LOS ANGELES — Willem Dafoe came into “The Florida Project” ready to be transformed, and working in a cheap motel helped him get there.
The 62-year-old actor has been collecting accolades — including a Golden Globe Award nod and Screen Actors Guild Award nomination — for his performance in the Sean Baker film, which was set and shot at the Magic Castle hotel in the shadows of Orlando’s Disney World.
Dafoe said filming at a real hotel that houses homeless families like the one at the heart of the film changed his perspective as a performer.
“The beautiful thing is you learn things and then you can apply it to the pretending. And I love that situation, where you’re not really just drawing from your impressions and your thoughts, but you’re really getting outside of yourself,” he said in a recent interview. “That’s always when the best things happen, when you’re a little — you’re new, you know? You have a better chance to enter into a kind of new way of thinking. And being around the people of our story and being in the actual place, it guides you. It just tells you what you need to do, and that’s always thrilling because you feel like it opens your mind and your heart and broadens the possibility of how you are.”
Immersive settings, and real settings, allow him to connect more deeply with his characters, he said. He just finished playing Vincent Van Gogh in Julian Schnabel’s “At Eternity’s Gate,” which shot in various European locations where the artist spent time.
“When you do that, you can’t help but, with a little imagination, feel his presence there; or imagine that that a tree, that old big tree that is 200 years old, was in his presence and now you’re in its presence and there’s some sort of connection,” Dafoe said. “So you’re aware of those things and you do kind of connect the dots and make a connectivity that you wouldn’t normally have.”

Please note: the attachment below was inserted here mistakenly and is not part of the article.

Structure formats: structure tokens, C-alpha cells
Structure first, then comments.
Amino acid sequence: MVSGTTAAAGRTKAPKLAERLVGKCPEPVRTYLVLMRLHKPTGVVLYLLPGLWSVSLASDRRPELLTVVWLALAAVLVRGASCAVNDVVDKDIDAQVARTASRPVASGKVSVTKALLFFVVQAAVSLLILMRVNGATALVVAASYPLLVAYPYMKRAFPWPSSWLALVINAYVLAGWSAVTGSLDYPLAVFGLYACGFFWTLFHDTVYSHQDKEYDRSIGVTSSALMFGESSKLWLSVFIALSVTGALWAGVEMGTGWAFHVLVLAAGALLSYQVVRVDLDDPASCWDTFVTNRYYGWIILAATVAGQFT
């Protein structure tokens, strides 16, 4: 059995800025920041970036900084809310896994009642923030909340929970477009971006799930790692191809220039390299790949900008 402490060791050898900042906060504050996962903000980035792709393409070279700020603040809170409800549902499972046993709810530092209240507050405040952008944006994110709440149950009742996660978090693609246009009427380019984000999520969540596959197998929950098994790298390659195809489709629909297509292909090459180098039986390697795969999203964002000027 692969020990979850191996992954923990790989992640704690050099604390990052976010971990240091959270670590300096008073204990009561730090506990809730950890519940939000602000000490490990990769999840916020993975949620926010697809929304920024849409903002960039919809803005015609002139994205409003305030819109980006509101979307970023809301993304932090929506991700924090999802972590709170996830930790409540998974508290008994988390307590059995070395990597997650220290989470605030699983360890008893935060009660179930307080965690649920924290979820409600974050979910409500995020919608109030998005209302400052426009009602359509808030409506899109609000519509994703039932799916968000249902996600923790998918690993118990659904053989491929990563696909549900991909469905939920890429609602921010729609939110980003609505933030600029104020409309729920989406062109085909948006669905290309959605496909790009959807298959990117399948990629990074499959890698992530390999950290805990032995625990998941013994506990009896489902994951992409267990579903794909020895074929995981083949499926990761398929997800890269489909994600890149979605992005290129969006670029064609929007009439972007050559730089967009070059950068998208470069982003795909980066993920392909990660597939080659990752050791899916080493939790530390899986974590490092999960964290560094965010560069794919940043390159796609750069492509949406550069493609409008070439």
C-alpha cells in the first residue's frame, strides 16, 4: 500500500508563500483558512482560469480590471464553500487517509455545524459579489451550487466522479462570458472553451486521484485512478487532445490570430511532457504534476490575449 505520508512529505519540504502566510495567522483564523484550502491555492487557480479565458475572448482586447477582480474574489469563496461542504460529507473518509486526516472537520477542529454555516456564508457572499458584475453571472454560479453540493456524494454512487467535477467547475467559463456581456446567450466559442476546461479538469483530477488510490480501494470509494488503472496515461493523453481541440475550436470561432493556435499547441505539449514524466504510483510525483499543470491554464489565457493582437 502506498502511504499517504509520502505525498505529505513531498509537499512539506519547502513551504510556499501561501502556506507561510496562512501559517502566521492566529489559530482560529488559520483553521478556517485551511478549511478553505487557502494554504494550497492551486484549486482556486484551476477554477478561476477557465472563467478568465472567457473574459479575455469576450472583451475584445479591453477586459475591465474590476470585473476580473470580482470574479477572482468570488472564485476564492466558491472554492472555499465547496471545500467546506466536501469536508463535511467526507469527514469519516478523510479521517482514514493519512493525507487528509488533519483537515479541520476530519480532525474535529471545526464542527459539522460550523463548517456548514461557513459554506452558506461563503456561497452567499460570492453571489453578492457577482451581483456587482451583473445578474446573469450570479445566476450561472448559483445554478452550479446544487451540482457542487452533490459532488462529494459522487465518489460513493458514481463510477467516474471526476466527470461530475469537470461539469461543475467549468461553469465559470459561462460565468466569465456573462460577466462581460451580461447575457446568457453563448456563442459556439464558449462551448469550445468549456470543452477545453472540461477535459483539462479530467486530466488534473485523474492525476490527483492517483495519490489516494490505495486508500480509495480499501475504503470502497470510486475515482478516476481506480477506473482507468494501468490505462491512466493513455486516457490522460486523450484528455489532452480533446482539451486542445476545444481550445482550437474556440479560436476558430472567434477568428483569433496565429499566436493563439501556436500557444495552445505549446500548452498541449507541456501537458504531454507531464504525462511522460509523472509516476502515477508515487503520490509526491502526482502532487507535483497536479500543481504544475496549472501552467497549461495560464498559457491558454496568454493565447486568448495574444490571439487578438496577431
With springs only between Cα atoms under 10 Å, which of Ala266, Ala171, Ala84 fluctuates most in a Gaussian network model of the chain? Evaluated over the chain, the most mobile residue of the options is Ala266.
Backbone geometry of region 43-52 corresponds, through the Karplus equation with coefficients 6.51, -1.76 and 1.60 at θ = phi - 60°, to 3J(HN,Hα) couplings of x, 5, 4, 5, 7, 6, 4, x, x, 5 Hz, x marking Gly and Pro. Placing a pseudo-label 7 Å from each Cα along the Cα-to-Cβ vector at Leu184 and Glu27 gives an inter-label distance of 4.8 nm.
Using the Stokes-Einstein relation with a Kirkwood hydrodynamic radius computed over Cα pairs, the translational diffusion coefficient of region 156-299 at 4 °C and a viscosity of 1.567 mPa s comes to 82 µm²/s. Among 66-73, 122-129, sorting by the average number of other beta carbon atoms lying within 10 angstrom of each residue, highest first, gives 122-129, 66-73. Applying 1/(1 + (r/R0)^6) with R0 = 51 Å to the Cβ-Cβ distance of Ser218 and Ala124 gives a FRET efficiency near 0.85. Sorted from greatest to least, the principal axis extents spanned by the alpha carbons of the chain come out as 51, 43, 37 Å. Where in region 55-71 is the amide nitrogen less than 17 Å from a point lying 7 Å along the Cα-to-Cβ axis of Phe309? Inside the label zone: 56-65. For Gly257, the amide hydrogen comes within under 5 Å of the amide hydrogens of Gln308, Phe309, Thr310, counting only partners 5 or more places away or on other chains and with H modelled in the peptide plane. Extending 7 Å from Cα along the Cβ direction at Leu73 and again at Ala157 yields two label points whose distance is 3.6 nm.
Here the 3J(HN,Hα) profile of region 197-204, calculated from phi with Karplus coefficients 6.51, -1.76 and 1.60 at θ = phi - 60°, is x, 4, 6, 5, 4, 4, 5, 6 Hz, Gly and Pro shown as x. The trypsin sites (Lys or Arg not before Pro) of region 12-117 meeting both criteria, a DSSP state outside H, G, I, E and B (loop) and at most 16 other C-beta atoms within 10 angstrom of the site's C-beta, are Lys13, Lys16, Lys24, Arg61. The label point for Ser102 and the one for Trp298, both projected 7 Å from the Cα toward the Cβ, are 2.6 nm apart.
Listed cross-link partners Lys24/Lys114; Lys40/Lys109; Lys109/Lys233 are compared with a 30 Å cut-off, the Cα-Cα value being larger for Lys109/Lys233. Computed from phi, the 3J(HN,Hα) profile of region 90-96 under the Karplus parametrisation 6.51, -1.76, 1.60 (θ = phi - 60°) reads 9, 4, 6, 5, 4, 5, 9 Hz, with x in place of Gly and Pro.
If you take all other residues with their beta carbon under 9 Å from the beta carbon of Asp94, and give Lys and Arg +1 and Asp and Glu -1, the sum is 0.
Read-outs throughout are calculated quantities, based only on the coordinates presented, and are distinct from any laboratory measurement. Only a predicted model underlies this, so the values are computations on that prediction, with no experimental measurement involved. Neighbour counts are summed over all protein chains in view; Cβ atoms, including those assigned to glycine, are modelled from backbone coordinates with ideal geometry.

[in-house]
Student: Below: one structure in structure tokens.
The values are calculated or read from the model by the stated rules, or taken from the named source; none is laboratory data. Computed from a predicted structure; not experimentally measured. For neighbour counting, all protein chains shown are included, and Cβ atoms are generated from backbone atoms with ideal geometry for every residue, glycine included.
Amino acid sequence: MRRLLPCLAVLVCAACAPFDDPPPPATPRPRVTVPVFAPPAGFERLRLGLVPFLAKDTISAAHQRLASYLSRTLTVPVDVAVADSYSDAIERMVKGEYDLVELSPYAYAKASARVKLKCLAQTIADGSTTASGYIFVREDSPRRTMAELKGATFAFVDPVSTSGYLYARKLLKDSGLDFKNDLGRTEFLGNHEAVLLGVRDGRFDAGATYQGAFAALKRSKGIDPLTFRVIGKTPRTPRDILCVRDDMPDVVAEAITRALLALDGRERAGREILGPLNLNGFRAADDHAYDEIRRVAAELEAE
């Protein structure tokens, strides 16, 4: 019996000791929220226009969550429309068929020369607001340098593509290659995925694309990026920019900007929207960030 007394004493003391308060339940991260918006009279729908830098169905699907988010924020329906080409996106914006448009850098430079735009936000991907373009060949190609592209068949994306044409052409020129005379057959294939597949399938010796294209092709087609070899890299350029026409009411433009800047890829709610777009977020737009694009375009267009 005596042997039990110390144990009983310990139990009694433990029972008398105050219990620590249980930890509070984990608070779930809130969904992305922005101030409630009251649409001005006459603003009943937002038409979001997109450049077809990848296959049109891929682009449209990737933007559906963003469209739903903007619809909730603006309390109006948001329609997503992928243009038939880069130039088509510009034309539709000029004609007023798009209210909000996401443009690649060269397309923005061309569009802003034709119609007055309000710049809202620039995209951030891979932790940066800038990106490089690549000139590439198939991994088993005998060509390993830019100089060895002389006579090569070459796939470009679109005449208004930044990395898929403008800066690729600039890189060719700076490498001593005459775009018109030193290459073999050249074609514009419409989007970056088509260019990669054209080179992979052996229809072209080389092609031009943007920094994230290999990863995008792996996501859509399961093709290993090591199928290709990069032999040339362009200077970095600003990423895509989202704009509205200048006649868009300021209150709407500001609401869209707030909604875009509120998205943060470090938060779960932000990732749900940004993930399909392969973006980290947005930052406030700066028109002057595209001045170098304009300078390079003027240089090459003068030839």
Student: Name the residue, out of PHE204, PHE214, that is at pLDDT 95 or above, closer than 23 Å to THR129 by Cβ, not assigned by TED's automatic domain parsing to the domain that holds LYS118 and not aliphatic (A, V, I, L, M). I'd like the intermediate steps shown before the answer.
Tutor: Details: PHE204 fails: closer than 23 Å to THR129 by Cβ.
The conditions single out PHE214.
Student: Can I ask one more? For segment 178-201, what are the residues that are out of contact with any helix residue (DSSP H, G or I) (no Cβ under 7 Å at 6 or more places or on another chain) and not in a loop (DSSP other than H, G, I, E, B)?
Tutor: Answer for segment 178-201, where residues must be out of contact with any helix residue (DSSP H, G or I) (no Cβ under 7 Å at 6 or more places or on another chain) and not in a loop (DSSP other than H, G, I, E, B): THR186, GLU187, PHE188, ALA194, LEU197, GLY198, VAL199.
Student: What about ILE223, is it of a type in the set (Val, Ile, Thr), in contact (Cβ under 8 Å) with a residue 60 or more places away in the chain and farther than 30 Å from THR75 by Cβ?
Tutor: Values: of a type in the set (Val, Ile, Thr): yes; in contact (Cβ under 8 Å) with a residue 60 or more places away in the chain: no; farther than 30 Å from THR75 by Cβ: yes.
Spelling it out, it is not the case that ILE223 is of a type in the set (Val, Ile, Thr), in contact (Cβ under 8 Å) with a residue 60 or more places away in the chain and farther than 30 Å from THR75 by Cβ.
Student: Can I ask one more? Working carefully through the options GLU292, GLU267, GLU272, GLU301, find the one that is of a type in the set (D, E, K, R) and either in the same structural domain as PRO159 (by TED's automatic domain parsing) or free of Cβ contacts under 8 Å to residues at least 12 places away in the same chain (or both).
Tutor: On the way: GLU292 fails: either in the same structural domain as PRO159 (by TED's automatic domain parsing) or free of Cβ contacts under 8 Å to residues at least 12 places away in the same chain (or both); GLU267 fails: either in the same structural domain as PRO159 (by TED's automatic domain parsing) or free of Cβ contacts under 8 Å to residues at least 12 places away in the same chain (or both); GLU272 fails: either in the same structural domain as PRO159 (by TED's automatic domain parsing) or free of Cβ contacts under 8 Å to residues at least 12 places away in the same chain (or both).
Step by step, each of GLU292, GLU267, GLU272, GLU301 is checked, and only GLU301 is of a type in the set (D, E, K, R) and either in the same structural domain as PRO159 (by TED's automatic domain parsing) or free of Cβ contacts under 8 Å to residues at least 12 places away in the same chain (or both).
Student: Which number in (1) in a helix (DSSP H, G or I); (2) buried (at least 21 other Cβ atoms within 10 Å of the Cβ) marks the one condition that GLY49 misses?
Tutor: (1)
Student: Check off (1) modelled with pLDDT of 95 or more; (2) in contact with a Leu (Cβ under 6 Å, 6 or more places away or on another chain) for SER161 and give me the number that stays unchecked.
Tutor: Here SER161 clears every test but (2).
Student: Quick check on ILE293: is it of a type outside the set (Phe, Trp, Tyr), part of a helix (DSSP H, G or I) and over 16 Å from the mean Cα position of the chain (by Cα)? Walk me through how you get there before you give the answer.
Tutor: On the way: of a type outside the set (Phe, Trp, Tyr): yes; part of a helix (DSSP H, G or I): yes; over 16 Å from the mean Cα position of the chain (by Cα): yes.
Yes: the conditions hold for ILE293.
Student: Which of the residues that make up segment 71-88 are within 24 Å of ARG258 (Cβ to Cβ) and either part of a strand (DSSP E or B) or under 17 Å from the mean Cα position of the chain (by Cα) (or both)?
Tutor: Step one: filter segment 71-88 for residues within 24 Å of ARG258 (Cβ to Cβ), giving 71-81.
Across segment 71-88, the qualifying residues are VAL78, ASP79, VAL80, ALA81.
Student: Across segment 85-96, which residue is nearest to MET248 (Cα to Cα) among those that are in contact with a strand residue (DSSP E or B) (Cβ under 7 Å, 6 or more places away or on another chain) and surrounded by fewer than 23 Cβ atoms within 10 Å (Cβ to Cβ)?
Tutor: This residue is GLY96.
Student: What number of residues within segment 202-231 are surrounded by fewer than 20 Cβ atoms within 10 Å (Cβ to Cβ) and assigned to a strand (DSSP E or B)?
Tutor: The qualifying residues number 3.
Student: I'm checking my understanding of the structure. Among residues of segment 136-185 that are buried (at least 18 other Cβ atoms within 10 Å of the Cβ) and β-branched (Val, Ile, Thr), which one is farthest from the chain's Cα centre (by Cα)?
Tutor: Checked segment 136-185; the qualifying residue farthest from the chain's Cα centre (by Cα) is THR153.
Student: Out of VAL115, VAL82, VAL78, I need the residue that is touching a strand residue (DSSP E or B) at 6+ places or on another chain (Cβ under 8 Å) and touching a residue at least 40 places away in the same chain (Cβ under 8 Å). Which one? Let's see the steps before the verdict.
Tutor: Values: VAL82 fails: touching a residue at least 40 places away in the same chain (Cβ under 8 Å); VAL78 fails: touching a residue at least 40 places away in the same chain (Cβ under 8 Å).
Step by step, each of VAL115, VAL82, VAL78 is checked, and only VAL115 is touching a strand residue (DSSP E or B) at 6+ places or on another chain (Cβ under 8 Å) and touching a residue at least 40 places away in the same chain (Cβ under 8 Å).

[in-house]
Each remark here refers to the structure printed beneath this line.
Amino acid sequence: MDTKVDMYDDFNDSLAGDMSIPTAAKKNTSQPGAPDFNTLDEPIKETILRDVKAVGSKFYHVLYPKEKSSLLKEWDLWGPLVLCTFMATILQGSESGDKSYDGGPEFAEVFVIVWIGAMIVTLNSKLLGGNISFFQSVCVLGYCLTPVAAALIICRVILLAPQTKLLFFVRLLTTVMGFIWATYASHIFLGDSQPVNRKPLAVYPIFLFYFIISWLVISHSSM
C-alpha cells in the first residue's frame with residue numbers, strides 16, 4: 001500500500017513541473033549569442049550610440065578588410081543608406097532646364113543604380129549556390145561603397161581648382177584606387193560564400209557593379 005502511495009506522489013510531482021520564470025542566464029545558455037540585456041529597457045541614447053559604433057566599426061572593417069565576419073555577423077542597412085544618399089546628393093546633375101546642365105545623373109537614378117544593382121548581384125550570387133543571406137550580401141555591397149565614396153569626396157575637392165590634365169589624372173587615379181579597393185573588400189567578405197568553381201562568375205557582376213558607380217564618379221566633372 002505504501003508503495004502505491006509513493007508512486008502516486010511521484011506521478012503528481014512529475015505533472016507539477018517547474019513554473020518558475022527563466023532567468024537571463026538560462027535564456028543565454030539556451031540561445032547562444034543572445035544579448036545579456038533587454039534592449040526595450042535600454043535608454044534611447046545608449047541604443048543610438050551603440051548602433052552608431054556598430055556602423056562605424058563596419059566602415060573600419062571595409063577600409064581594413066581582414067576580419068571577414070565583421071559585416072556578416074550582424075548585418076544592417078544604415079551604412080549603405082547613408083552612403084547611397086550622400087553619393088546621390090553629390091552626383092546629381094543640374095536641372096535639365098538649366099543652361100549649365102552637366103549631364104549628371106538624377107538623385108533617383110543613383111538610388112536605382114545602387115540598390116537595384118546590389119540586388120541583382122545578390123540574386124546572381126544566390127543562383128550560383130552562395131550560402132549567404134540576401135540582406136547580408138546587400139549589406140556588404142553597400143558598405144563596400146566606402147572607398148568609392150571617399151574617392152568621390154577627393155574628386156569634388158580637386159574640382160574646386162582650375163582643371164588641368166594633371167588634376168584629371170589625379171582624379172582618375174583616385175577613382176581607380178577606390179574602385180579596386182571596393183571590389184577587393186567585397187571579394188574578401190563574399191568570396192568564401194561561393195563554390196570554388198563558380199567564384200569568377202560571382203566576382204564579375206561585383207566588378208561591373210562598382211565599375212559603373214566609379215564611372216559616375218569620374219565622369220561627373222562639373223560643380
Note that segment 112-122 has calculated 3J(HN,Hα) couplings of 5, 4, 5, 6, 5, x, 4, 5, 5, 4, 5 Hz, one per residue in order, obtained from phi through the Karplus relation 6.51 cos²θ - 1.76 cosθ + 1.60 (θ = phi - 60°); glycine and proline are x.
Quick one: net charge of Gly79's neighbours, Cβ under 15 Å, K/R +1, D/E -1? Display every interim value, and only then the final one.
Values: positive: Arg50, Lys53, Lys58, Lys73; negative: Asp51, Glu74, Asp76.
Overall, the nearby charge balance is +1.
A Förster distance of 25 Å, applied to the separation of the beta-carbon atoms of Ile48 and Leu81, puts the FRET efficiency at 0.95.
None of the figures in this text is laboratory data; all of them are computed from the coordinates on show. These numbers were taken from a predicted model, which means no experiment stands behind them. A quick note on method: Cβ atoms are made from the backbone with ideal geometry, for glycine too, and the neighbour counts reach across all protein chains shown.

He said that while all his past characters stay with him, some make more of an impression than others — Van Gogh among them.
“Great experience, really beautiful, really challenging, but the first thing I want to do is shave off my beard to try to get back to a neutral place,” Dafoe said.
He returned from Europe the morning of the Golden Globe nominations and was awoken after little sleep with news of his supporting actor nod. The veteran actor is deeply appreciative of the recognition.
“The nature of performing, the nature of making things, the nature of making movies, it isn’t a science. It’s not precise. It’s full of all kinds of variables. So, no matter how long you do it, it’s an uncertain life, so you’re always happy for encouragement. You’re always happy for someone to say, ‘Keep going, keep going. We like what you’re doing,'” he said. “From day to day, the whole the whole prospect of performing is you’re kind of wiping the slate clean every time, so you’re starting from zero. And that zero is not that different from the zero that you were at when you had never made a film before. So it helps to be encouraged.”
Follow AP Entertainment Writer Sandy Cohen at www.twitter.com/APSandy .